Thursday, September 17, 2009

Vitamin supplements are largely a waste of money, says professor

Healthy people are wasting money on vitamin supplements and at worst may be harming their health, according to a leading nutritionist.
Brian Ratcliffe, of the Robert Gordon University in Aberdeen, said that most of those taking the supplements were among the “worried well” and would be unlikely to gain any appreciable health benefits from taking vitamin and mineral tablets or fish oil capsules.
They would be better advised simply to improve their diets, he said, adding, however, that supplements could be valuable for elderly people.
Professor Ratcliffe told the British Science Festival: “A lot of people are taking a belt-and-braces approach to their health but they often don’t need these supplements. My biggest worry is that they’re wasting their money and fuelling an industry that’s exploiting their fears.”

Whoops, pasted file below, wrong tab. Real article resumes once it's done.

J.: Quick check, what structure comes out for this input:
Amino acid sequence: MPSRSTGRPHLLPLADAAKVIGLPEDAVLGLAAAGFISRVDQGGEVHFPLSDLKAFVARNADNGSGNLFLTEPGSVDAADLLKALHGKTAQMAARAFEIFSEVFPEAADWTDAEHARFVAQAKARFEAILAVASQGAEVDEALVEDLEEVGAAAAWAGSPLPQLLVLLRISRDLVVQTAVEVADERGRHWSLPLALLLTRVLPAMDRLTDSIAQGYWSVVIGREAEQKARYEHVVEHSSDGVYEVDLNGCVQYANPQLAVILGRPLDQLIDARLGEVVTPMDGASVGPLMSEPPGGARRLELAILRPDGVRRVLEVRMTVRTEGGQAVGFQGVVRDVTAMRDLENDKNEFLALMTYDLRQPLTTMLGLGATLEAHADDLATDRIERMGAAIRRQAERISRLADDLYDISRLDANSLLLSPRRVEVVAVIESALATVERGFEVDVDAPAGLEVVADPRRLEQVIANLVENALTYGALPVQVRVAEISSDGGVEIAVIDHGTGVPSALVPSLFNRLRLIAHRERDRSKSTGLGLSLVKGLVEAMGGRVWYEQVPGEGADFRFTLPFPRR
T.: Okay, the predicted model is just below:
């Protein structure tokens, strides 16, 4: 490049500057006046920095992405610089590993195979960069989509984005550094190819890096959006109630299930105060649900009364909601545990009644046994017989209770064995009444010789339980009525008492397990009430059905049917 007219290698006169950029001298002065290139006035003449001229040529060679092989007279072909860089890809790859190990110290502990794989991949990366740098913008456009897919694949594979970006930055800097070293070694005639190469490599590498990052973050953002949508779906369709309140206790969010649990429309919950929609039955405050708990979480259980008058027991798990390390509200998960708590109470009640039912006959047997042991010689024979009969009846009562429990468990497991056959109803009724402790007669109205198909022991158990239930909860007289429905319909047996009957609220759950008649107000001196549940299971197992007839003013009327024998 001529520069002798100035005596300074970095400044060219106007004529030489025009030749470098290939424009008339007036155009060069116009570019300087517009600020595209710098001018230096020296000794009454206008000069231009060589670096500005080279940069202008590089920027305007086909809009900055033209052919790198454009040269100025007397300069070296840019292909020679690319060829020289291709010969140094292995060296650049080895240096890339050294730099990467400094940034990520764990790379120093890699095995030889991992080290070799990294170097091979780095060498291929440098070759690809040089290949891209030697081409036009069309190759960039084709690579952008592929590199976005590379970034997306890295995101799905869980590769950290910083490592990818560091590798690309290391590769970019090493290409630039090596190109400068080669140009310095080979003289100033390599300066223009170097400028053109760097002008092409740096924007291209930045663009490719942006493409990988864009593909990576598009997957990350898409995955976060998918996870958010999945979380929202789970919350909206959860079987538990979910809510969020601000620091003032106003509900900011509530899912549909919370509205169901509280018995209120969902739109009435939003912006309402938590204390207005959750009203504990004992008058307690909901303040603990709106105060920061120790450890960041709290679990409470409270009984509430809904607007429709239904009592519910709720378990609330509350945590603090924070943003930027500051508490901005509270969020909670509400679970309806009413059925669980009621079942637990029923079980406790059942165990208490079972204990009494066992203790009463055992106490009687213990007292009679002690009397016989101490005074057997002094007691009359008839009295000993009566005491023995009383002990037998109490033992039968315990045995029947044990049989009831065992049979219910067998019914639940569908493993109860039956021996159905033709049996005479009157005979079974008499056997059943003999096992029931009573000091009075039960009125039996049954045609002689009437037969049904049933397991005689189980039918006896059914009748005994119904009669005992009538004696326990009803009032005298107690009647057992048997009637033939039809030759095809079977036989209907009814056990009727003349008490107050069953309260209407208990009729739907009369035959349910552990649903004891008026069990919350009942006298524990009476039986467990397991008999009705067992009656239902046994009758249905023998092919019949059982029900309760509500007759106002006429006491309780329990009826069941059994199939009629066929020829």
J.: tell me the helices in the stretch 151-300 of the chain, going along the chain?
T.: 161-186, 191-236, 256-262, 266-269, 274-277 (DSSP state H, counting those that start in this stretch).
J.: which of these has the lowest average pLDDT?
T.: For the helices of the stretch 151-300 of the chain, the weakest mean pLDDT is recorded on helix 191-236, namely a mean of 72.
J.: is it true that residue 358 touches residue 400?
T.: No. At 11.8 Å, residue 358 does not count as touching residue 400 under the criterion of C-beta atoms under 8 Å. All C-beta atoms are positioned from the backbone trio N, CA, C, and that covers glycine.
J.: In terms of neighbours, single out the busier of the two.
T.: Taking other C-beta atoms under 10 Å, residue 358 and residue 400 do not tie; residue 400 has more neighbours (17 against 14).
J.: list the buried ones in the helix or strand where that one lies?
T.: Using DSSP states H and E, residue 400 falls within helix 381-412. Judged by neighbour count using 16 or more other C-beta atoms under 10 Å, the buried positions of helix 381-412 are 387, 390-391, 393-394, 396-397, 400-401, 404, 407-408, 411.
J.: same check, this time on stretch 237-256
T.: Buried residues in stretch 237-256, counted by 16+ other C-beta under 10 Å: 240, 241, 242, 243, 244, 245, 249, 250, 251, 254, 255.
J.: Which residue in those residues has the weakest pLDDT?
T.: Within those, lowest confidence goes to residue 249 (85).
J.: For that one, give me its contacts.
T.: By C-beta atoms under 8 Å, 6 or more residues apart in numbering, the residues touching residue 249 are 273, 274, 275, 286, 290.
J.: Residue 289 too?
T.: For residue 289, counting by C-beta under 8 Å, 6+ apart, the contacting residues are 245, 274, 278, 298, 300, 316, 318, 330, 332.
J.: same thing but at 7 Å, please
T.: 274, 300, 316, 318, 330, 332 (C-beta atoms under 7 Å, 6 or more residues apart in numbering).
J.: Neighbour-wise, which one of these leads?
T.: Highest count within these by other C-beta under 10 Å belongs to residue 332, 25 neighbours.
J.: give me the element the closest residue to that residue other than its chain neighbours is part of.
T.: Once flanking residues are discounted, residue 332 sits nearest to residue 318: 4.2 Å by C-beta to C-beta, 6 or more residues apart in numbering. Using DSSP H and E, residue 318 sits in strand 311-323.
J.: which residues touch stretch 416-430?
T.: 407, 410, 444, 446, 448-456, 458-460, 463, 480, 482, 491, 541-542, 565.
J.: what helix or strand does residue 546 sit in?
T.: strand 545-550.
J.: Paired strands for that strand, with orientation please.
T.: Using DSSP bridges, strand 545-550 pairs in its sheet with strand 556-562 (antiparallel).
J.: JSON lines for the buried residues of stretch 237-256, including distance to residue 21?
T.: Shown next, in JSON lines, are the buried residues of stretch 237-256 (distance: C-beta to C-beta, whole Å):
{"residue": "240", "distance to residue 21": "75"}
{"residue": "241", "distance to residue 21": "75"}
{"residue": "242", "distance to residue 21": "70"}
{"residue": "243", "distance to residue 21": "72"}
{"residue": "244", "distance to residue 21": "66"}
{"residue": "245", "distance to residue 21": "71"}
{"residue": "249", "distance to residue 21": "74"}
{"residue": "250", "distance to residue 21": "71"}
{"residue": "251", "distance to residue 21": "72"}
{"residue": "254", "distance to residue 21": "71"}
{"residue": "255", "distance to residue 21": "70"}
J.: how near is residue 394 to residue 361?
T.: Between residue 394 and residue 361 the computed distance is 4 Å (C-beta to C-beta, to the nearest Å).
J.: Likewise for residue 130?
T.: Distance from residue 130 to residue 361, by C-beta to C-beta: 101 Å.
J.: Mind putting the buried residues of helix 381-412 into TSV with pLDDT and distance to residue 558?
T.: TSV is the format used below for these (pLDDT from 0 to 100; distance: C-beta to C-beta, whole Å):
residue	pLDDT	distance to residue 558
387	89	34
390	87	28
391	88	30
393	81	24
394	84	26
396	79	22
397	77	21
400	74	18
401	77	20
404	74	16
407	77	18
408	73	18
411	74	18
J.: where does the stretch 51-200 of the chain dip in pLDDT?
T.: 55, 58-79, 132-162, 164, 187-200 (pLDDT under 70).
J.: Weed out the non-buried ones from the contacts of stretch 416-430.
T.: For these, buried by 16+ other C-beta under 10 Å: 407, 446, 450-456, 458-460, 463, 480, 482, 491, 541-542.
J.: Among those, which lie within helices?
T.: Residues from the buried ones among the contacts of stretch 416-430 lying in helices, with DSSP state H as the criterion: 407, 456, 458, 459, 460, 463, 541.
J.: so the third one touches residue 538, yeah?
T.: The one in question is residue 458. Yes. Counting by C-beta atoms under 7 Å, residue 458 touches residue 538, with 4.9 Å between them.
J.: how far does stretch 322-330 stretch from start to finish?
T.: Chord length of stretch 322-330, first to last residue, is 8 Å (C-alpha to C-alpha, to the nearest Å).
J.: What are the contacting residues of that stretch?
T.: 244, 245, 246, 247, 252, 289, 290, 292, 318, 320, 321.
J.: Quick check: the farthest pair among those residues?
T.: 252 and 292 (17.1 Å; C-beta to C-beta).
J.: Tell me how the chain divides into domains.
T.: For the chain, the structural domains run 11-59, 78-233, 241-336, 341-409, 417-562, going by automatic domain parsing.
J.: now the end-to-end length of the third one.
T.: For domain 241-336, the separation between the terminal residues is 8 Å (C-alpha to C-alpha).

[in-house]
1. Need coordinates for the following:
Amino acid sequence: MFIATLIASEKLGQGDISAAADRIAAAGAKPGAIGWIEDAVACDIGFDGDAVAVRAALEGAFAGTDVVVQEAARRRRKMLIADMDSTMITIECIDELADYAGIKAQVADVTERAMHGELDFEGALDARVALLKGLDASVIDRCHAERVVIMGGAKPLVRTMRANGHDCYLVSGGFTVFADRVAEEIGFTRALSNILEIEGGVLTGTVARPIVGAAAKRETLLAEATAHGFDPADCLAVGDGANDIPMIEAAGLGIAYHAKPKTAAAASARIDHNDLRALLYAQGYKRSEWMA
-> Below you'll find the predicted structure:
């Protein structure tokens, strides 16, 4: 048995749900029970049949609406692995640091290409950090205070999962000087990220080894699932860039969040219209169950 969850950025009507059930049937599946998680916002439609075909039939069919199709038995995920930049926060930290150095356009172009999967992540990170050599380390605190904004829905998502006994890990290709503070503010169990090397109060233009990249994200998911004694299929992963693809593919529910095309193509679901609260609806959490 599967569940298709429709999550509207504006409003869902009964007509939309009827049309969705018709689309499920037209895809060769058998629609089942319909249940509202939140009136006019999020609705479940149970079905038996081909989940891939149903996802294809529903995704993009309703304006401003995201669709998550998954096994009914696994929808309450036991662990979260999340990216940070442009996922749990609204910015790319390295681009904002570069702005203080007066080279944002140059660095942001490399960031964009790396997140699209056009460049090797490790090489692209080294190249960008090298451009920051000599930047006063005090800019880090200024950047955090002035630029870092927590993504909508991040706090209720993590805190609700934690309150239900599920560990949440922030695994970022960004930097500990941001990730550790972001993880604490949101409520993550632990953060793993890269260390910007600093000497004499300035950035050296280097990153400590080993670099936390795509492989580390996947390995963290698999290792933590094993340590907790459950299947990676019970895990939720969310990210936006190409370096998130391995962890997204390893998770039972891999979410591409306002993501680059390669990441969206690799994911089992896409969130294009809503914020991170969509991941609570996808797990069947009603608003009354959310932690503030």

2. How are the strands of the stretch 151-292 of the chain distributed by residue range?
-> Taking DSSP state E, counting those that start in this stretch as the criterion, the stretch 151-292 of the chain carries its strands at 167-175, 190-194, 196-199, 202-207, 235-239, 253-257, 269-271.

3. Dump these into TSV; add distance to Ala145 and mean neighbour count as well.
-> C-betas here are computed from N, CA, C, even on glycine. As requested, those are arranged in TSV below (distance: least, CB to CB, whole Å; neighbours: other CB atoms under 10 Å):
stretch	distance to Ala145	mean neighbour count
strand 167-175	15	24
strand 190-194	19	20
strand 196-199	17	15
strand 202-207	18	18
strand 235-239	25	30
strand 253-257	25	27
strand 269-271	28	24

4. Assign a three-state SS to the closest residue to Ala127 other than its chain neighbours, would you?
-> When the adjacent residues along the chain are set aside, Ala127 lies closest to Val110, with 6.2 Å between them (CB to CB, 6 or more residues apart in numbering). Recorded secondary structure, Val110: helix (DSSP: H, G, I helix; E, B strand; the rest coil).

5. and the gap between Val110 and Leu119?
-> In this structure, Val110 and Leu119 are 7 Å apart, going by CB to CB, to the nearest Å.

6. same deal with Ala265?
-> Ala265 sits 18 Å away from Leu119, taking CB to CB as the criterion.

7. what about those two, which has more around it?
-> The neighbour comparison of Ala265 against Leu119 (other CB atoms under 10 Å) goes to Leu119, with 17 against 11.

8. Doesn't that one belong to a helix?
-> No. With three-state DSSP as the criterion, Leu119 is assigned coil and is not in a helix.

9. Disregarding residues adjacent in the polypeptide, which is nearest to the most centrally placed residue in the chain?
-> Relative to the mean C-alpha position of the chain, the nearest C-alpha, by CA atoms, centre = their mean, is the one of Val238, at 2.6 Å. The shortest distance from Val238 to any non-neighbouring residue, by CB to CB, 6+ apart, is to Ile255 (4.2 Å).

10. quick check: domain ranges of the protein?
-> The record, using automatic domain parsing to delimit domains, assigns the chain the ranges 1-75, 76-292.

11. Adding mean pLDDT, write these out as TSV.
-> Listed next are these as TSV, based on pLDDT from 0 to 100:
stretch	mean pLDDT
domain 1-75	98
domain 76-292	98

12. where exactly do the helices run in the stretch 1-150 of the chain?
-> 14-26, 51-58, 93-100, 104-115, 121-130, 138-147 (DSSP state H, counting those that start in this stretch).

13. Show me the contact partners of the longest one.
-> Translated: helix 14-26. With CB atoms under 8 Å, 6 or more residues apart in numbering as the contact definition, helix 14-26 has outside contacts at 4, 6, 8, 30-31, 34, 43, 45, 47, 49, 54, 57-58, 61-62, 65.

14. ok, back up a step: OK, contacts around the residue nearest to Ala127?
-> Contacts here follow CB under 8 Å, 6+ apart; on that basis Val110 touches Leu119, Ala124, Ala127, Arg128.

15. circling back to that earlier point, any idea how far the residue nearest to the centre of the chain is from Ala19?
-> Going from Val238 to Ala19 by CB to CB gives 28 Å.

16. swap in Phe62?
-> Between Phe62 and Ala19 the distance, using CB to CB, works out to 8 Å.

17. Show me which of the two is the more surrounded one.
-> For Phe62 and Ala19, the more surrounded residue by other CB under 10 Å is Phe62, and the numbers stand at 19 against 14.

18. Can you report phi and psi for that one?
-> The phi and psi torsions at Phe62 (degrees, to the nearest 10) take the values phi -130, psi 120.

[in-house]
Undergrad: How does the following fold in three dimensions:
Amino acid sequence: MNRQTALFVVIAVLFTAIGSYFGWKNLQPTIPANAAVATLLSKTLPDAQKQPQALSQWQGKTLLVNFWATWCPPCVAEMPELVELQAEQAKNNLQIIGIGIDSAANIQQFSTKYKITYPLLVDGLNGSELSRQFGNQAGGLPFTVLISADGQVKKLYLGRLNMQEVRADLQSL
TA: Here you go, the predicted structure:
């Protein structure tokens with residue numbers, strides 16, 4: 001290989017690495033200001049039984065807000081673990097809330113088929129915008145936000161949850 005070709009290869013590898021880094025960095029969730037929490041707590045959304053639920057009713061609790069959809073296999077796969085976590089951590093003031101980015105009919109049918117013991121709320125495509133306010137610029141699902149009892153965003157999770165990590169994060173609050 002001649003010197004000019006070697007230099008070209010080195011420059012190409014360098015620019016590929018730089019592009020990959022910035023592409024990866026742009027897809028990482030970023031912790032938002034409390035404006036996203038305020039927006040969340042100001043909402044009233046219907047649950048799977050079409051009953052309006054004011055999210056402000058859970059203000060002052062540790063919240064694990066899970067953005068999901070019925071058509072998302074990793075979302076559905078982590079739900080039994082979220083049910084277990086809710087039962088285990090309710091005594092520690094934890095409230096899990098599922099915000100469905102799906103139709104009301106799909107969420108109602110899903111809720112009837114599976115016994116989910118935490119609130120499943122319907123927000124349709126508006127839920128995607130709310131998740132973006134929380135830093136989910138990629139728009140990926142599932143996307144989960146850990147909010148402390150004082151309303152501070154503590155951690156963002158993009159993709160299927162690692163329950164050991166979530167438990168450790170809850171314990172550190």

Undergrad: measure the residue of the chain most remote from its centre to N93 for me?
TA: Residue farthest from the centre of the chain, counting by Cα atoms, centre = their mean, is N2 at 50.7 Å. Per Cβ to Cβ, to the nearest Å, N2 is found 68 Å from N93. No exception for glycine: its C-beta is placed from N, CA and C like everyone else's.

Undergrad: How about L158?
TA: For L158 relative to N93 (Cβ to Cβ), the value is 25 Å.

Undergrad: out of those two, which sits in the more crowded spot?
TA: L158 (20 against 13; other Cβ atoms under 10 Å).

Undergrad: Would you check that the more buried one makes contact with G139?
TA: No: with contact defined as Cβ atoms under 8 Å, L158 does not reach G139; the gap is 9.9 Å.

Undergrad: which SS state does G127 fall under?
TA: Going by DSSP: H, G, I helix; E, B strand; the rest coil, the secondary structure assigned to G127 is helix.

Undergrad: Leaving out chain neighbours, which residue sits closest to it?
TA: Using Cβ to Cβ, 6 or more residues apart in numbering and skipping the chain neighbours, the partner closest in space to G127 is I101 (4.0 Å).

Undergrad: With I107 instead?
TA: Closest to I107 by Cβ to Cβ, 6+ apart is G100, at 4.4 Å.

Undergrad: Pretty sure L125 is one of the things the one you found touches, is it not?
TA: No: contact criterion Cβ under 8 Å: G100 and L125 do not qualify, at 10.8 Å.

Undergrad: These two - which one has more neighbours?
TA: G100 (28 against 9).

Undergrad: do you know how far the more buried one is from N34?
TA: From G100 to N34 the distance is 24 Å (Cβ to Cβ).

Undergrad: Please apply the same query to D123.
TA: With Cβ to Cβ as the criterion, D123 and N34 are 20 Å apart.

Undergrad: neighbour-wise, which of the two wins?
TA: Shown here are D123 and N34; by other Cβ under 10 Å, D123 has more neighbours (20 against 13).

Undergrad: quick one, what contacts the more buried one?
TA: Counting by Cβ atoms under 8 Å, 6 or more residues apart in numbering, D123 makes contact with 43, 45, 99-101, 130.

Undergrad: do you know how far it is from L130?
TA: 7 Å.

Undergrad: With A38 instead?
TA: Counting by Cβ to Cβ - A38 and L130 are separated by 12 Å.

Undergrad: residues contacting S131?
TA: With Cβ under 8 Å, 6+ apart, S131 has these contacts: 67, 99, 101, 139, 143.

A common misconception is that if something is good for you, more of it is better, he said. The body has a limited capacity to metabolise nutrients such as vitamin C. The recommended daily intake of is 60mg, yet tablets can contain up to 3g. “If you take 1.5g of vitamin C in one go, 75 per cent of it will go straight through you and end up in the toilet. These large doses are just a waste of money.”
Supplements could even be detrimental to health, he said. At particular risk are those taking a daily cocktail of supplements.
Taking a multi-vitamin tablet along with cod liver oil capsules, for instance, could mean exceeding the recommended daily dose of vitamin A, which is 0.7mg for men and 0.6mg for women.
This could result in headaches and nausea and in the long term be harmful to the liver and increase the risk of osteoporosis. “There’s a chance of people dabbling in areas where there is potential for harm,” he said.
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